On Election Day Cross says he’ll watch Madison County as one of his bellwether areas. He says Madison is the state’s ninth largest county by population, and it’s sixth in terms of the number of Medicaid enrollees. While Madison County generally votes Republican, Cross says he’ll be curious to see if the Medicaid issue might give Conway an edge over Bevin there.
Political Odds and Ends
Cross disputes the notion that whoever wins this race would be the first Kentucky governor from Louisville. He says Maysville native Augustus Willson practiced law in Louisville and had his base of political support there. The Republican served as governor from 1907 to 1911. Then there was Democratic Gov. Lawrence Wetherby (1950 to 1955), who Cross says campaigned as a Middletown farmer, but was actually a juvenile court judge in Louisville.
Will Bevin and Sen. Mitch McConnell ever be friends? Probably not, according to Cross. He says tension still remains between the two following Bevin’s challenge of McConnell in the 2014 Republican primary for U.S. Senate. Cross says McConnell offered to tour the state with Bevin today, but he says Bevin’s camp was lukewarm to the offer.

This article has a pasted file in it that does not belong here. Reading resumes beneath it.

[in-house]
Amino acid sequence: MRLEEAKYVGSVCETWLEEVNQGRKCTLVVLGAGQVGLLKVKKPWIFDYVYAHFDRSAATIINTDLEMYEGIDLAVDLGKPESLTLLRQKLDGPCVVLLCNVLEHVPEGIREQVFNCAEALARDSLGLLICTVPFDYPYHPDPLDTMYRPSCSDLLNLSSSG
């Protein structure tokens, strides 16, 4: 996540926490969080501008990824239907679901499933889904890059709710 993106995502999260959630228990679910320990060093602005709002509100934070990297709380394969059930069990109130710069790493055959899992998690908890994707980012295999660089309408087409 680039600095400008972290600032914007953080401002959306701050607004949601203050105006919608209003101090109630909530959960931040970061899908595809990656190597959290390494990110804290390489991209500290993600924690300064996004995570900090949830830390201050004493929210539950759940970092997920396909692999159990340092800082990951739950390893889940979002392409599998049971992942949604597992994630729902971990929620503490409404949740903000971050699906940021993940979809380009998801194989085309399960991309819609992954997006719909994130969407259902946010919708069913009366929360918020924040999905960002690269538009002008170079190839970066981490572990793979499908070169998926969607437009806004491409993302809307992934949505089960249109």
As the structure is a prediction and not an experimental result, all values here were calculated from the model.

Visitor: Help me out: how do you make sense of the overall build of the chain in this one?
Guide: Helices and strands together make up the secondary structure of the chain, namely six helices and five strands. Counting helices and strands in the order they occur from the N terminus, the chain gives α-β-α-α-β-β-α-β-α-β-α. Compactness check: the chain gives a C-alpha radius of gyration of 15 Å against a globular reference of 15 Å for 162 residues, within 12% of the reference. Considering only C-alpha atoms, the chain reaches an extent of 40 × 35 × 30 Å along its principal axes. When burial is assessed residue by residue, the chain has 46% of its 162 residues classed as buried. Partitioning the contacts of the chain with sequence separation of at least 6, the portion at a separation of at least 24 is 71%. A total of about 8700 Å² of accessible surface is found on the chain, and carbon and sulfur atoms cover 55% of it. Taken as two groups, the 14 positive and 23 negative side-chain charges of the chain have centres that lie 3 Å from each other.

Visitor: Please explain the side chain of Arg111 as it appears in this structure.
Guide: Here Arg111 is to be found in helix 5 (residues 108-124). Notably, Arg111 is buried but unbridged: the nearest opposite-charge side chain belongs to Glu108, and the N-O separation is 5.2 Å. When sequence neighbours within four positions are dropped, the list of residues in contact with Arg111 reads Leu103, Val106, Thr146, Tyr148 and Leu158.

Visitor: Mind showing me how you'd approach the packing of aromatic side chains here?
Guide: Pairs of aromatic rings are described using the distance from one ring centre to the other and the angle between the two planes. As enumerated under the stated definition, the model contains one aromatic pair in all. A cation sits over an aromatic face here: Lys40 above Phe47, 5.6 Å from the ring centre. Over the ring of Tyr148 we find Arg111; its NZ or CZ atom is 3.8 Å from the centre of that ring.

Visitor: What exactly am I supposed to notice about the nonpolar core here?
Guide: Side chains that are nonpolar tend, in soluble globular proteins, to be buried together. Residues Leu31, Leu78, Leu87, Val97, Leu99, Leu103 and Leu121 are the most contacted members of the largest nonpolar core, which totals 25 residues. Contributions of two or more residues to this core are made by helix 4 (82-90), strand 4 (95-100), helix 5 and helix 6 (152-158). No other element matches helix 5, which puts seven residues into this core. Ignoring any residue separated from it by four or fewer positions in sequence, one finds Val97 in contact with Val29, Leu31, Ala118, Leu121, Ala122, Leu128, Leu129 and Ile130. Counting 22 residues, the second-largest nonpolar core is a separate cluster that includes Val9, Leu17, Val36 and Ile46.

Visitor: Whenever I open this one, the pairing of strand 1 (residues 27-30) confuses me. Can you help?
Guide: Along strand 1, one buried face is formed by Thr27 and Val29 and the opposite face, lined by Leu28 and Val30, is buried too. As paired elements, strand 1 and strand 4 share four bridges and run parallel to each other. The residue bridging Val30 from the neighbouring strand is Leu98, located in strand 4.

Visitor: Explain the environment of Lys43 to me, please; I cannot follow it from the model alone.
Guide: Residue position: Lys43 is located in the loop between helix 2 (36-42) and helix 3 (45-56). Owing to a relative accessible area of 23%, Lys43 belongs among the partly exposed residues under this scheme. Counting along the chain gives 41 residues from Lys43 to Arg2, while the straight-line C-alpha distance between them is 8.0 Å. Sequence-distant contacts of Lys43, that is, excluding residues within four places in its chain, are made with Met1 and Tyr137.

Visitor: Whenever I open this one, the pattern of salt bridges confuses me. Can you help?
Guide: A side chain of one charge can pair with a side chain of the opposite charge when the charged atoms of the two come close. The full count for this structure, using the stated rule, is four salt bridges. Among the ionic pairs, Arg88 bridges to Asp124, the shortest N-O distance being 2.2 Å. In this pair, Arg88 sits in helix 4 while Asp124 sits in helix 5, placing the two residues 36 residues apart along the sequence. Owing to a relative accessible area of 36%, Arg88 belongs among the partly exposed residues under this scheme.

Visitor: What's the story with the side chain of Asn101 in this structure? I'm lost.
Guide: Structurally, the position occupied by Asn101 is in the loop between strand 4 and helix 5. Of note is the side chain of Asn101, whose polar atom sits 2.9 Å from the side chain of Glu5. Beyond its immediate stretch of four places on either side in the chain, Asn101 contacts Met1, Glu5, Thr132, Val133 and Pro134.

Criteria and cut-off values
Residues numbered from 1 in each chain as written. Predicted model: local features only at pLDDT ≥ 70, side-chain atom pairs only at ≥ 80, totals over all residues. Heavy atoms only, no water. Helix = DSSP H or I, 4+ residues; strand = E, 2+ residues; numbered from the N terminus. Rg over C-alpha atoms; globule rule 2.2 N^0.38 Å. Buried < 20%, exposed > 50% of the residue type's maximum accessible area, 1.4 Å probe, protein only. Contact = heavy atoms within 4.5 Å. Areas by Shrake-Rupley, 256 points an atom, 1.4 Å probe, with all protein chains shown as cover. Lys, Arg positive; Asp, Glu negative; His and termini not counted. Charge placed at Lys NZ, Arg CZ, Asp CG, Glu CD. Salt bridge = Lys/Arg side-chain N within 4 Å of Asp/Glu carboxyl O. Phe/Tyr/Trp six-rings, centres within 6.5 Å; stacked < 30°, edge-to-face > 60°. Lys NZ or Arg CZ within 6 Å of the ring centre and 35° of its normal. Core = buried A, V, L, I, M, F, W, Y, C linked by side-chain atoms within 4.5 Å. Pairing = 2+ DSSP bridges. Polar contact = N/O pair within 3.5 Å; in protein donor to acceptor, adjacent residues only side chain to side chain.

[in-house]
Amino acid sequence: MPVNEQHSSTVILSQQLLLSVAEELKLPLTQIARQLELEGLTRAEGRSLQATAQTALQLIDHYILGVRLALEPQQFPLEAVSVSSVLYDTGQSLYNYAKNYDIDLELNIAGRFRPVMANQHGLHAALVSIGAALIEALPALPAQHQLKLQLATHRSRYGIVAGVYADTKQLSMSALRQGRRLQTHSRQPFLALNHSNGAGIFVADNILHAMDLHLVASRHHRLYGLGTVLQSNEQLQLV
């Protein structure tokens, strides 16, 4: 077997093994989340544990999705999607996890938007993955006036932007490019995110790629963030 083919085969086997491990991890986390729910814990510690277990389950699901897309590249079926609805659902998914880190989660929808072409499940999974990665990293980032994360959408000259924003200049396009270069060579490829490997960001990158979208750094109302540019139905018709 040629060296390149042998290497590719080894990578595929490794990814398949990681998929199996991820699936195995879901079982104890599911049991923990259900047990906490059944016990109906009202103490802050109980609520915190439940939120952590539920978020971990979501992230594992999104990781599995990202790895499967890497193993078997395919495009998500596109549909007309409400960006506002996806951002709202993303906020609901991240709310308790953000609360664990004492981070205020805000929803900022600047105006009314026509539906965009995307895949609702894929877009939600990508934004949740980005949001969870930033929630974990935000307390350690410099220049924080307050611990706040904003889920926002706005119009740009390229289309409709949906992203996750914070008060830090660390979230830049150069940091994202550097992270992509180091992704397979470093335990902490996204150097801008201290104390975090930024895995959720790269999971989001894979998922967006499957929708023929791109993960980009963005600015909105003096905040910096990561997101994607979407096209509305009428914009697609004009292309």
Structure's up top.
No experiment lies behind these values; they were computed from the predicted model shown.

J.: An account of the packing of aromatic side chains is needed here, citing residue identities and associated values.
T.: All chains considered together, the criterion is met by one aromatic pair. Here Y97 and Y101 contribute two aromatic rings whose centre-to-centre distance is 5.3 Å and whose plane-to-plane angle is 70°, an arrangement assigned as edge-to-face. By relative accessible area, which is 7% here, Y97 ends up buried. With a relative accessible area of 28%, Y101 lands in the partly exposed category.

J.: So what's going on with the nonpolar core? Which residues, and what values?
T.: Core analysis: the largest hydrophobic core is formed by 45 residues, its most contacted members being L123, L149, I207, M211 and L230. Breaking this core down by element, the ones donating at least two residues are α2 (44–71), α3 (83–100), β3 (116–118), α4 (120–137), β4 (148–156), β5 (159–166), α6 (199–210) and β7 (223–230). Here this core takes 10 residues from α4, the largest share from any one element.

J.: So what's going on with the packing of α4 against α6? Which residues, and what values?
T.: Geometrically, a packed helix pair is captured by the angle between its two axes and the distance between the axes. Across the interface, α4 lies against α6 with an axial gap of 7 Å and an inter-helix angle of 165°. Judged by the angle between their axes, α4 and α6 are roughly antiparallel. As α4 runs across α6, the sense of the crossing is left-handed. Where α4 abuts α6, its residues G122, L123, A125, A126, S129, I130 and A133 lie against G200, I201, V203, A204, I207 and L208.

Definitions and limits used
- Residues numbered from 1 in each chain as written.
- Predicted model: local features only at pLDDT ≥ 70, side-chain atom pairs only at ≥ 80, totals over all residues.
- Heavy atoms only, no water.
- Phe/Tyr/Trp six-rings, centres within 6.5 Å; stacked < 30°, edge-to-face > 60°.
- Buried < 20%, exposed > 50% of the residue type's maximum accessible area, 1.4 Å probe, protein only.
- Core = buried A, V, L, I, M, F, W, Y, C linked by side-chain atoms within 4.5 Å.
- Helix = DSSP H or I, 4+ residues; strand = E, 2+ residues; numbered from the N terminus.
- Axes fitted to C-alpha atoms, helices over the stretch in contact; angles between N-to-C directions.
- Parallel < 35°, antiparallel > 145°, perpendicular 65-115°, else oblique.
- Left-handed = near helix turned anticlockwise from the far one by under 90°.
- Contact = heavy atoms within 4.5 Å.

“This is a man who wants to be elected governor on his own terms,” Cross says. “I think Mitch McConnell doesn’t want to be blamed for Bevin losing, and if Bevin wins, he wants to be given credit for helping him win.”
And Cross calls current campaign finance laws, which allow secret contributions to super PACS among other things, a “really bad system.”
“We thought we solved this problem with the reforms after the Watergate scandal,” Cross says. “But given our current political make up and make up of the Supreme Court, I think we’re probably going to have to have another big scandal before we have any more true campaign finance reform.”
He contends the problem with the court is that none of the current justices have sought public office. Cross says Sandra Day O’Connor was the last Supreme Court justice to have experienced the realities of running a political campaign.